MELUS: Multi-Ethnic Literature of the United States
joins Oxford University Press
Oxford University Press (OUP) is pleased to announce a publishing partnership with the Society for the Study of Multi-Ethnic Literature of the United States to publish their quarterly journal, MELUS: Multi-Ethnic Literature of the United States.
A prestigious and rigorous journal in the field of multi-ethnic literature of the United States, MELUS has been a vital resource for scholarship and teaching for more than thirty years, illuminating the national, international, and transnational contexts of US ethnic literature. By including interviews with established authors such as Maxine Hong Kingston, Amy Tan, and Richard Rodriguez, as well as more recent writers such as Junot Díaz, Ruth Ozeki, and Diana Abu-Jaber, MELUS remains on the cutting edge of literary and cultural scholarship. The journal plays a pivotal role in the field of US Ethnic Literature and is an indispensable resource for any library or any scholar of US Ethnic Literature.
As the only academic journal focusing exclusively on multi-ethnic literary and cultural studies of the United States, MELUS will enhance OUP's literature list and contribute to its vision as an indispensable home for a cross-cultural exchange of views and a multi-ethnic community of scholars.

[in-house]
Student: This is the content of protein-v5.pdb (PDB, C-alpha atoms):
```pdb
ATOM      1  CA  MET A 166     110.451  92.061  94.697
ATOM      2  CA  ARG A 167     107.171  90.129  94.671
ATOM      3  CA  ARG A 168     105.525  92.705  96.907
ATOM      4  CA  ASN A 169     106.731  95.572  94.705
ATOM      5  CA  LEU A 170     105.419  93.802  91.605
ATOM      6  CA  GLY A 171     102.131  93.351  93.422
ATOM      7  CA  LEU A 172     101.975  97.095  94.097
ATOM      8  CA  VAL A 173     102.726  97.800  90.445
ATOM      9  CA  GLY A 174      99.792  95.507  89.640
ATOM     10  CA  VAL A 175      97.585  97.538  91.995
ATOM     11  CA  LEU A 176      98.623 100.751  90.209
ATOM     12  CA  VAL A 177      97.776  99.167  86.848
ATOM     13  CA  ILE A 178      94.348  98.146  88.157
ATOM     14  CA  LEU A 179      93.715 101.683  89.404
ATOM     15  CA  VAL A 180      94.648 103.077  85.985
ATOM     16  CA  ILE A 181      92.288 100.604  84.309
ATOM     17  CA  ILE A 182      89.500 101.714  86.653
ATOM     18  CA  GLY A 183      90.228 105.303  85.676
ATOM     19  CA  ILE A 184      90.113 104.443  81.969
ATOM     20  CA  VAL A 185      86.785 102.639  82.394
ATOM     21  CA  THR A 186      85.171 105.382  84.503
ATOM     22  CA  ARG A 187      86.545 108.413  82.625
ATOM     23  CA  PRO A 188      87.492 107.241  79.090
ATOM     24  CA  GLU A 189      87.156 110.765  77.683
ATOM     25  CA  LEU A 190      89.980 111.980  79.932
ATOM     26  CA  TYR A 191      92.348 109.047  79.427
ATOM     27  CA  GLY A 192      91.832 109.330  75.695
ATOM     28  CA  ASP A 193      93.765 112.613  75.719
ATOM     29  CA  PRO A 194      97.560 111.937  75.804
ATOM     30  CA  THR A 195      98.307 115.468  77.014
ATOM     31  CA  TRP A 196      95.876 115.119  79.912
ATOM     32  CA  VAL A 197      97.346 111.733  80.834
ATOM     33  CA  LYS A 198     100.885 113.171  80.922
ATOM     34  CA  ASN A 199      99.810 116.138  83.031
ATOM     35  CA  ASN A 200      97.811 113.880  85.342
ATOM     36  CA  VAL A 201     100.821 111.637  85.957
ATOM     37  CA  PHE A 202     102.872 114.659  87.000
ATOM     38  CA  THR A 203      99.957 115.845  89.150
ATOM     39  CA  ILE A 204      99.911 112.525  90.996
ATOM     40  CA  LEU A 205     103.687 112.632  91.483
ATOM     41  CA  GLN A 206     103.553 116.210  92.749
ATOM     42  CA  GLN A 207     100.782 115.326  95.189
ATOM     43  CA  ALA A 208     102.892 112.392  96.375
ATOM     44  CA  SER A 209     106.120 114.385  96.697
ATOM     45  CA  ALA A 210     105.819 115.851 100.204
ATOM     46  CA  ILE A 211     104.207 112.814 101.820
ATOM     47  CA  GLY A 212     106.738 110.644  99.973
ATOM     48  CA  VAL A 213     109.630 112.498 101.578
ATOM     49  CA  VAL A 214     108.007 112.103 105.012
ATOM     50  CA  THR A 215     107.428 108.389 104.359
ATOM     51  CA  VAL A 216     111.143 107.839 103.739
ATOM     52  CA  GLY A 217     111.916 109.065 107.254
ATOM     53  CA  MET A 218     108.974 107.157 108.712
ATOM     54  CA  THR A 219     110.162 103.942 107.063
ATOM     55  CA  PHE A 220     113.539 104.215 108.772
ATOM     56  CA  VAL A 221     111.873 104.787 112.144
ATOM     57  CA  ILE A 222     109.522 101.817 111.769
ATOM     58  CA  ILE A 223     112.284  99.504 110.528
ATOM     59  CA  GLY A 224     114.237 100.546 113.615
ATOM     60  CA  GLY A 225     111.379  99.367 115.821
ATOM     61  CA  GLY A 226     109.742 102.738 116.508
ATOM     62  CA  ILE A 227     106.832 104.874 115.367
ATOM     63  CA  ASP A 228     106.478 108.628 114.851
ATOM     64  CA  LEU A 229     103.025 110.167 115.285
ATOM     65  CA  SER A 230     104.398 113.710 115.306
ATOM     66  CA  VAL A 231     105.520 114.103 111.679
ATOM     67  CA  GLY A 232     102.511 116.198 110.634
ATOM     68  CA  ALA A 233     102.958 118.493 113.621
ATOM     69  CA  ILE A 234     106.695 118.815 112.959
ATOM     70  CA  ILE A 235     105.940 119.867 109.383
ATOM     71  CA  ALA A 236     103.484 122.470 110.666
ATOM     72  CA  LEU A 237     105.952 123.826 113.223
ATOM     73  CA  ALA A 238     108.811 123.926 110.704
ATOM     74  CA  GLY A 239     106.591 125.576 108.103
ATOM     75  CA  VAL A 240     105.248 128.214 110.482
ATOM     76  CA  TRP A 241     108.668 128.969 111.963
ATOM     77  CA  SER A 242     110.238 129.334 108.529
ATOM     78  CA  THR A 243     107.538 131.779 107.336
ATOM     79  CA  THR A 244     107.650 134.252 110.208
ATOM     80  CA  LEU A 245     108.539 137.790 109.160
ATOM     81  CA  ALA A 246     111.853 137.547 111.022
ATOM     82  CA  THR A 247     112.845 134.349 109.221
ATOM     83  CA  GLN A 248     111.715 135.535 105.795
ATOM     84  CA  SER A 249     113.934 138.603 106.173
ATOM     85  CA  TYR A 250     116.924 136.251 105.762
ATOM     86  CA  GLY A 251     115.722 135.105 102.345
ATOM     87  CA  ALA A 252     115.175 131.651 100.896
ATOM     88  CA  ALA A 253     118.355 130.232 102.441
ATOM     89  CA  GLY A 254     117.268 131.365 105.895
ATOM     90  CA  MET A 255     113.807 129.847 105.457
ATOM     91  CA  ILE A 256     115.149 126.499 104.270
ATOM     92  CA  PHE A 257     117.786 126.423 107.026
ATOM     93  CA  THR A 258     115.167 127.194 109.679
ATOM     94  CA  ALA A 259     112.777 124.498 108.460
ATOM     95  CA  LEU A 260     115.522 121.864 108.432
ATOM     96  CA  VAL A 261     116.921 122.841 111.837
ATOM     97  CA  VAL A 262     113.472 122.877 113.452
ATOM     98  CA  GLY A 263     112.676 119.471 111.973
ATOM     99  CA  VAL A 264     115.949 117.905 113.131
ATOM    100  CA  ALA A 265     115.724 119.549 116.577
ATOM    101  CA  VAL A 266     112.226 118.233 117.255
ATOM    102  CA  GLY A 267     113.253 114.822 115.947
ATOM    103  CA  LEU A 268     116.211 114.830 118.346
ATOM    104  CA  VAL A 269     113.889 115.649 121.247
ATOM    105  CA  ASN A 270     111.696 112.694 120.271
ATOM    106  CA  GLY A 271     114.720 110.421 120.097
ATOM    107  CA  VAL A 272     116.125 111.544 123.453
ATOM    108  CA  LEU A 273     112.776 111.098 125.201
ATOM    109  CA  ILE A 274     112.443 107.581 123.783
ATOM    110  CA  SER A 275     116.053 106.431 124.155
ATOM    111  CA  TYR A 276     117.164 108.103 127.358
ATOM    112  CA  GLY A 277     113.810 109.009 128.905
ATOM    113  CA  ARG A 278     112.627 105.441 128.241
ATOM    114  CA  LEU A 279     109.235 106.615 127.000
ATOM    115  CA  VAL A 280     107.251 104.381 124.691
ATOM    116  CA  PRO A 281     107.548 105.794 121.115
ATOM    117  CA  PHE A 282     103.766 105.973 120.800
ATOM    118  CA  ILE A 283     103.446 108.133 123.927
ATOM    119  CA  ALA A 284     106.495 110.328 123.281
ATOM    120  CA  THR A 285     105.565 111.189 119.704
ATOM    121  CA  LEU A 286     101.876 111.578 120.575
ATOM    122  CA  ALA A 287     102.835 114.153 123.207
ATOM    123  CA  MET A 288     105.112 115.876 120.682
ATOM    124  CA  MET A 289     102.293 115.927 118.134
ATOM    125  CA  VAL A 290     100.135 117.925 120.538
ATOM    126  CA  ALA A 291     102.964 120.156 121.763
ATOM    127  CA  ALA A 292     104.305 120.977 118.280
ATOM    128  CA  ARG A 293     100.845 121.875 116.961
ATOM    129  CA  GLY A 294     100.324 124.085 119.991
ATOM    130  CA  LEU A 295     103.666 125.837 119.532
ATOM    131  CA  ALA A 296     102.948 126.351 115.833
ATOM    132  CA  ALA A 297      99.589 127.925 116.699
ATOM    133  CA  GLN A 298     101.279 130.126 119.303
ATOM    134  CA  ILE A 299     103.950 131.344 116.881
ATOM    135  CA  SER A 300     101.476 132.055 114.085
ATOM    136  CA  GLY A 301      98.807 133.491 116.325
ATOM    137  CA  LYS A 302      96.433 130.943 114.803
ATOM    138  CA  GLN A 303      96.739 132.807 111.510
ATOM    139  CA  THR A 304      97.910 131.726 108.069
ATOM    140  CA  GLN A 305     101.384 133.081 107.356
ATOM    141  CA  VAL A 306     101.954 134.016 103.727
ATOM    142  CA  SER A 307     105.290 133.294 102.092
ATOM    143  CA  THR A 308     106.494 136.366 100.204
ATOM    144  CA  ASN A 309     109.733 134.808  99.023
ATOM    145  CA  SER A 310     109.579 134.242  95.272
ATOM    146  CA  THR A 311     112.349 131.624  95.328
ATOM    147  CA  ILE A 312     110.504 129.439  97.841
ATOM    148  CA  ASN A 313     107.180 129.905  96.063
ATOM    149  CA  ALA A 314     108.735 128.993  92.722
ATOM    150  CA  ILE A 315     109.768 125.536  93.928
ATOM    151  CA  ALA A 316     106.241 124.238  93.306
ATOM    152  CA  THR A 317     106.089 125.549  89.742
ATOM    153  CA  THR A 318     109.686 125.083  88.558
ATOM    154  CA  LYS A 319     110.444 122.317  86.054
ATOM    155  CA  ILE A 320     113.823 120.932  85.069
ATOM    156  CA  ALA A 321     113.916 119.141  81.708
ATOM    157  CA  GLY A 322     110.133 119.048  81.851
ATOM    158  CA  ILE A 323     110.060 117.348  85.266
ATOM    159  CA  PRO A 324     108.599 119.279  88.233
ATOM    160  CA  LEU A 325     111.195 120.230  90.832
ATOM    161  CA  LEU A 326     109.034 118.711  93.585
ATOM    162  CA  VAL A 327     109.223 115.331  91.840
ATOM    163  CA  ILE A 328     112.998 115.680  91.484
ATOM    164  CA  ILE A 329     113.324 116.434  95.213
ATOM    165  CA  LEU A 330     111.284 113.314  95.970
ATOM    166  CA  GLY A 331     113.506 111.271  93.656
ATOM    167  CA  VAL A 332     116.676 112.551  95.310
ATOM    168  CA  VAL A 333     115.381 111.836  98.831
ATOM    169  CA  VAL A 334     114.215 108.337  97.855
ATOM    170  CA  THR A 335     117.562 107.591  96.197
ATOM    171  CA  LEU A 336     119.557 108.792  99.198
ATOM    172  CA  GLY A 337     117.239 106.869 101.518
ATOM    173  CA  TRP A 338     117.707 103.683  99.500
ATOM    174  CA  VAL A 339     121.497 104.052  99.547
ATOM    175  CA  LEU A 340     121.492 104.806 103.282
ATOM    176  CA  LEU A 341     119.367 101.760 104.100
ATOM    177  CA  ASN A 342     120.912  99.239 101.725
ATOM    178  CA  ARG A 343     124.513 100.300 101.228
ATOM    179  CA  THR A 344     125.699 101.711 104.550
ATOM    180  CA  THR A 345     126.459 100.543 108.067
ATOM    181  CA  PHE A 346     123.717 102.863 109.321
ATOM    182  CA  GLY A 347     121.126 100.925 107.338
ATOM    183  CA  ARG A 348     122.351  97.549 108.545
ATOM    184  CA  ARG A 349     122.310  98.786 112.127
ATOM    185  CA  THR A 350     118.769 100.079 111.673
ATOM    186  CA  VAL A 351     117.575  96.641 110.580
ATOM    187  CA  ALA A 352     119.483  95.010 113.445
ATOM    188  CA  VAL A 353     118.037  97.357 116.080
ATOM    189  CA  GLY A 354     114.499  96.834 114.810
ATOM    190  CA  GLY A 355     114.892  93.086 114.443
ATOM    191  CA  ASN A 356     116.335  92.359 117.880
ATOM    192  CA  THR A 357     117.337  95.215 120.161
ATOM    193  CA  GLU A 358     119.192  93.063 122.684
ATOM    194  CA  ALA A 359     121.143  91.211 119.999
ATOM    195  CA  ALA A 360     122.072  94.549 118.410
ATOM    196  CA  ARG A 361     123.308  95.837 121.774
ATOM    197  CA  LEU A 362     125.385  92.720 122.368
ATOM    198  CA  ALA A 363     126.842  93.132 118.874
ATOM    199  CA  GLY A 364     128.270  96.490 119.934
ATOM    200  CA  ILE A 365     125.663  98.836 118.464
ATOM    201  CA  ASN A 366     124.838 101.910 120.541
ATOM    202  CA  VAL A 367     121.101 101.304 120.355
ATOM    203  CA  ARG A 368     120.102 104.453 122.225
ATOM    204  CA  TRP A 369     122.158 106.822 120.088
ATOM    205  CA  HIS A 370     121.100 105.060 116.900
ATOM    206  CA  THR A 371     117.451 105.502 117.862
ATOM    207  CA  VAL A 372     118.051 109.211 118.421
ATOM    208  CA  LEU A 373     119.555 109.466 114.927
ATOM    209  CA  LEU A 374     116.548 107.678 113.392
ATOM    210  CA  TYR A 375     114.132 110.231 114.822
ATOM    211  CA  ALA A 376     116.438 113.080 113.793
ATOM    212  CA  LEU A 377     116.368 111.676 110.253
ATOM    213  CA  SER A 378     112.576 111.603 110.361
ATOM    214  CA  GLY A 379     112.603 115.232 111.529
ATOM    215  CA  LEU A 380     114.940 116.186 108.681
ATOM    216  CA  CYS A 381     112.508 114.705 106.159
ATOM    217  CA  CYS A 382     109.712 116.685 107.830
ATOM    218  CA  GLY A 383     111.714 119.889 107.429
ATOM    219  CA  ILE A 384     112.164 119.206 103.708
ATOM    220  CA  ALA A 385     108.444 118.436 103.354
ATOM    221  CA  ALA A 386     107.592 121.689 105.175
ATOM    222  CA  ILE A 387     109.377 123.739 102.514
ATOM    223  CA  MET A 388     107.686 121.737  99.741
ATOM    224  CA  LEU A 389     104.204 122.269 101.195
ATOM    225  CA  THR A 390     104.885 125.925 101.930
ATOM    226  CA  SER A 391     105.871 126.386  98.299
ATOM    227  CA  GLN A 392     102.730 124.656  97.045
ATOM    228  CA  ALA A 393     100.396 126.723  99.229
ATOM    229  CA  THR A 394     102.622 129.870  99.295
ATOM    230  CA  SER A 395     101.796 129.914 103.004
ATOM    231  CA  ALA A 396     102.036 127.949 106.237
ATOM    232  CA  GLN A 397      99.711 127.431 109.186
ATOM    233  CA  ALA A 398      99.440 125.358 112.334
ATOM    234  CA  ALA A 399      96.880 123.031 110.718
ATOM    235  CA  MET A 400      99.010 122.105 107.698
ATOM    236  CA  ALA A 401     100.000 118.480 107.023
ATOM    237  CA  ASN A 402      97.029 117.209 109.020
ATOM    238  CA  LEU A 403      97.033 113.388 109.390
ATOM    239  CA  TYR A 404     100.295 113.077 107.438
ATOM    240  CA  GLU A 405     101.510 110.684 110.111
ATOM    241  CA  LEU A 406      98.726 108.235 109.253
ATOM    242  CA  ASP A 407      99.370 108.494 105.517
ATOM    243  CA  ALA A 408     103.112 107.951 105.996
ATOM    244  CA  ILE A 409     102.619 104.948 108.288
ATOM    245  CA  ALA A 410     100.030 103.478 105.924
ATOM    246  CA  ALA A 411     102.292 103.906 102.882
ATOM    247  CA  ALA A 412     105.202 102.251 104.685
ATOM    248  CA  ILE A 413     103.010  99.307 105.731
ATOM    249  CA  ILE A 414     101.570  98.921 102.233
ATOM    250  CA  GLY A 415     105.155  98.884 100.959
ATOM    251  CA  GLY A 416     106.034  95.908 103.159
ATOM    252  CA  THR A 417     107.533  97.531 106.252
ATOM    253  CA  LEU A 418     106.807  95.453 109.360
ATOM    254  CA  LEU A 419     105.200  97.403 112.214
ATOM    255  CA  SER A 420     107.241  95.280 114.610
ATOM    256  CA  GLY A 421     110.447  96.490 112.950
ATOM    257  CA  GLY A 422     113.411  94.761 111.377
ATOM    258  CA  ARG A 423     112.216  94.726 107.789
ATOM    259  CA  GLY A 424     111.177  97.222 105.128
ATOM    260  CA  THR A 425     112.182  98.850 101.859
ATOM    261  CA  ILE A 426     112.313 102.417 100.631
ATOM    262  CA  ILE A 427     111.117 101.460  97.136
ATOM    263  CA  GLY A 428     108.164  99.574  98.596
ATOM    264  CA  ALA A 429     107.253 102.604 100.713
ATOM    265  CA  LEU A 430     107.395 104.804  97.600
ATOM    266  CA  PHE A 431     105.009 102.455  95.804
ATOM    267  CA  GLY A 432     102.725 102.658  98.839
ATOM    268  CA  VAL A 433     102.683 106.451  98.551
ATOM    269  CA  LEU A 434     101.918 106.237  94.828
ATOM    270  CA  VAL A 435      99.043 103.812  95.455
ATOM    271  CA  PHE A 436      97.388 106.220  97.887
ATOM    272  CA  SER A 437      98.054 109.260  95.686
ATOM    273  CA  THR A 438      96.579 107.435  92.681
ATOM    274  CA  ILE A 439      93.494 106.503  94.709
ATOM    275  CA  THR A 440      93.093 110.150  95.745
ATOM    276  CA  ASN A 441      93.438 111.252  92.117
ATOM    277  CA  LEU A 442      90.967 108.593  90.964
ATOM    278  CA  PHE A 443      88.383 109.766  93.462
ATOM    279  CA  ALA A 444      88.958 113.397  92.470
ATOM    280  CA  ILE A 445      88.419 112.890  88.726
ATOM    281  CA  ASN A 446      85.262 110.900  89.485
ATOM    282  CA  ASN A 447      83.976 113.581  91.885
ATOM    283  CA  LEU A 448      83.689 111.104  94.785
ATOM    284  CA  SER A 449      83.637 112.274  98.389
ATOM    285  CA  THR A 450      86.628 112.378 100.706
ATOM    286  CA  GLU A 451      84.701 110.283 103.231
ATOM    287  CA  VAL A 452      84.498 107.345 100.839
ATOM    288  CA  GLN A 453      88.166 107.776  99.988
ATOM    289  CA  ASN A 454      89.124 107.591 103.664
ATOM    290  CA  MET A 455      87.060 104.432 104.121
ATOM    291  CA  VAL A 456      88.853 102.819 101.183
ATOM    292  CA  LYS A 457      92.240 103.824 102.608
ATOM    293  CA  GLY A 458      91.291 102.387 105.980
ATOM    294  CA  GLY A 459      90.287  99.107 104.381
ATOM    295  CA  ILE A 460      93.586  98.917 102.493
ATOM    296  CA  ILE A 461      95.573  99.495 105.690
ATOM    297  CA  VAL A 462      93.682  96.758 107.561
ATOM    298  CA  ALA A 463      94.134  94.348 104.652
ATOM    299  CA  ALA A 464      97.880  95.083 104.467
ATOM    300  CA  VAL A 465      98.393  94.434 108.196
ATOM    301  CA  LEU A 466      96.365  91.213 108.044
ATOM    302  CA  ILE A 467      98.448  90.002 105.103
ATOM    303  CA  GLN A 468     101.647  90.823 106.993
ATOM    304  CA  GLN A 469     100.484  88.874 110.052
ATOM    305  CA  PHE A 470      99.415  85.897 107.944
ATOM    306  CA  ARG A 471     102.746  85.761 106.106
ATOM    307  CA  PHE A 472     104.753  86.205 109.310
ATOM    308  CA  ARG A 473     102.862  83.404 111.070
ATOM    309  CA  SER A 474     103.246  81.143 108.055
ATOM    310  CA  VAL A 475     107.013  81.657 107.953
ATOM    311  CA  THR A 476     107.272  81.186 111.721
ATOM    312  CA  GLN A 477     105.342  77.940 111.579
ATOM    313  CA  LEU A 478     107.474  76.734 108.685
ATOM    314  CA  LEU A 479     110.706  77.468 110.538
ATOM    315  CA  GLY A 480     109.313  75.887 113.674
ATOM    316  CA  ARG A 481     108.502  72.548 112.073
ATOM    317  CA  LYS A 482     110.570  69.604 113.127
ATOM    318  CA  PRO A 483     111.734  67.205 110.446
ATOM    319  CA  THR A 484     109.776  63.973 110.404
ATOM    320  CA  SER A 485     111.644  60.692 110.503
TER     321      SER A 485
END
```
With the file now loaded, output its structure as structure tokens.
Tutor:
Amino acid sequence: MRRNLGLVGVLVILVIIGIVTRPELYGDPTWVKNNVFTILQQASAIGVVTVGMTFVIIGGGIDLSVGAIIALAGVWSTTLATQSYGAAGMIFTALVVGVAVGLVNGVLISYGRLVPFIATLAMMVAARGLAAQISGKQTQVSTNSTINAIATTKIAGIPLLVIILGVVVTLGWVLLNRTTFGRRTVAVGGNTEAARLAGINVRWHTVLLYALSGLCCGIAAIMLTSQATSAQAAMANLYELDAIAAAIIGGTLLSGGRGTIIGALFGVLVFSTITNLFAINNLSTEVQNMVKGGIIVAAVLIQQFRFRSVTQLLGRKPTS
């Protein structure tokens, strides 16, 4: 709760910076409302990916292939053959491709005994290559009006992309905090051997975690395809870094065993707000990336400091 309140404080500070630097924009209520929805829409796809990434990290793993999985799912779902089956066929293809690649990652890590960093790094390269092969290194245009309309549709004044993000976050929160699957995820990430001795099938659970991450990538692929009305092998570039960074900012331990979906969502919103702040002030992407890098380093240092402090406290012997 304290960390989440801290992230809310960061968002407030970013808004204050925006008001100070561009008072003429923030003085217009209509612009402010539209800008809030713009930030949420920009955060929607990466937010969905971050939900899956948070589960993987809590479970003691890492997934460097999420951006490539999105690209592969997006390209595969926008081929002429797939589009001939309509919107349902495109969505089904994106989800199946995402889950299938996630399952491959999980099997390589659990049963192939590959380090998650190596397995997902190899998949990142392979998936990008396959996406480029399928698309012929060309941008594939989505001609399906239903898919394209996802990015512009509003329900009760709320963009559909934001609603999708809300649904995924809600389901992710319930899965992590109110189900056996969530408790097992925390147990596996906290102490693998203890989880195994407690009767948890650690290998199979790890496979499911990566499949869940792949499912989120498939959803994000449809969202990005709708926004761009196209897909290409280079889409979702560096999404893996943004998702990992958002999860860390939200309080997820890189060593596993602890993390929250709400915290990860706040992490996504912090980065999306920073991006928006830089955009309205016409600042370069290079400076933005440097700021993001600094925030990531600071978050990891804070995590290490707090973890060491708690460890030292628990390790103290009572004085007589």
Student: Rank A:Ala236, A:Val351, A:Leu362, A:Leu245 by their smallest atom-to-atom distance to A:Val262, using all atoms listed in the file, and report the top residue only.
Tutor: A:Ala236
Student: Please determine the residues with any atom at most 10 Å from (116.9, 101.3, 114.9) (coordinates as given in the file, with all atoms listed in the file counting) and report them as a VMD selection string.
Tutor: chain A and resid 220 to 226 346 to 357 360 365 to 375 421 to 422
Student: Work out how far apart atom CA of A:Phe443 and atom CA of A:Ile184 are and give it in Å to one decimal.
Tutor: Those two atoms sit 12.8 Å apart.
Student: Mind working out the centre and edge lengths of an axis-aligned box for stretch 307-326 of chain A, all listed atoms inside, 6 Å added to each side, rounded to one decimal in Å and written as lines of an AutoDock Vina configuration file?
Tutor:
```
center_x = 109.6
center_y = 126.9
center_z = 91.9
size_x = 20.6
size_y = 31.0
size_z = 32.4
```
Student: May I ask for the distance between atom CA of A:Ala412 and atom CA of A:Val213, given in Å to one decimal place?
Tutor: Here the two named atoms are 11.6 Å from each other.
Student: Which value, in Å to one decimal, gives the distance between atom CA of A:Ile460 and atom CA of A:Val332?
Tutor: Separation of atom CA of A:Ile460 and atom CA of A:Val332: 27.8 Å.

Niko Pfund, President of OUP USA, commented: "Too often in history, American literature has, by default, been limited to overly restrictive interpretations of what qualifies as such. Among its many other valuable contributions, MELUS forcefully corrects this myopic perspective by examining the many contributions of multi-ethnic literature to the American cultural landscape. We at OUP couldn't be more pleased to be joining forces with MELUS in this important mission."
Martha J. Cutter, the Editor-in-Chief of MELUS and a professor of English at the University of Connecticut, noted: "Increasingly, the MELUS journal has taken a transnational and intercultural approach to the concept of American literature. Our partnership with Oxford University Press is absolutely crucial to our goal of bringing content to new audiences in the US and outside the US. We look forward as well to making the journal available in new formats and with new features such as online access and ordering, searchable digital archives, and mobile optimization for smart phones. The MELUS society is very excited about the new possibilities for future access and readership enabled by our partnership with Oxford."
Self-published since 1974, MELUS features articles, interviews, and reviews encompassing the multi-ethnic scope of American literature, film, and culture. Articles also engage newly emerging art forms, such as graphic narrative and internet blogs. Most issues are thematically organized for greater understanding of topics, criticism, and theory in the full picture of American literature MELUS hopes to present.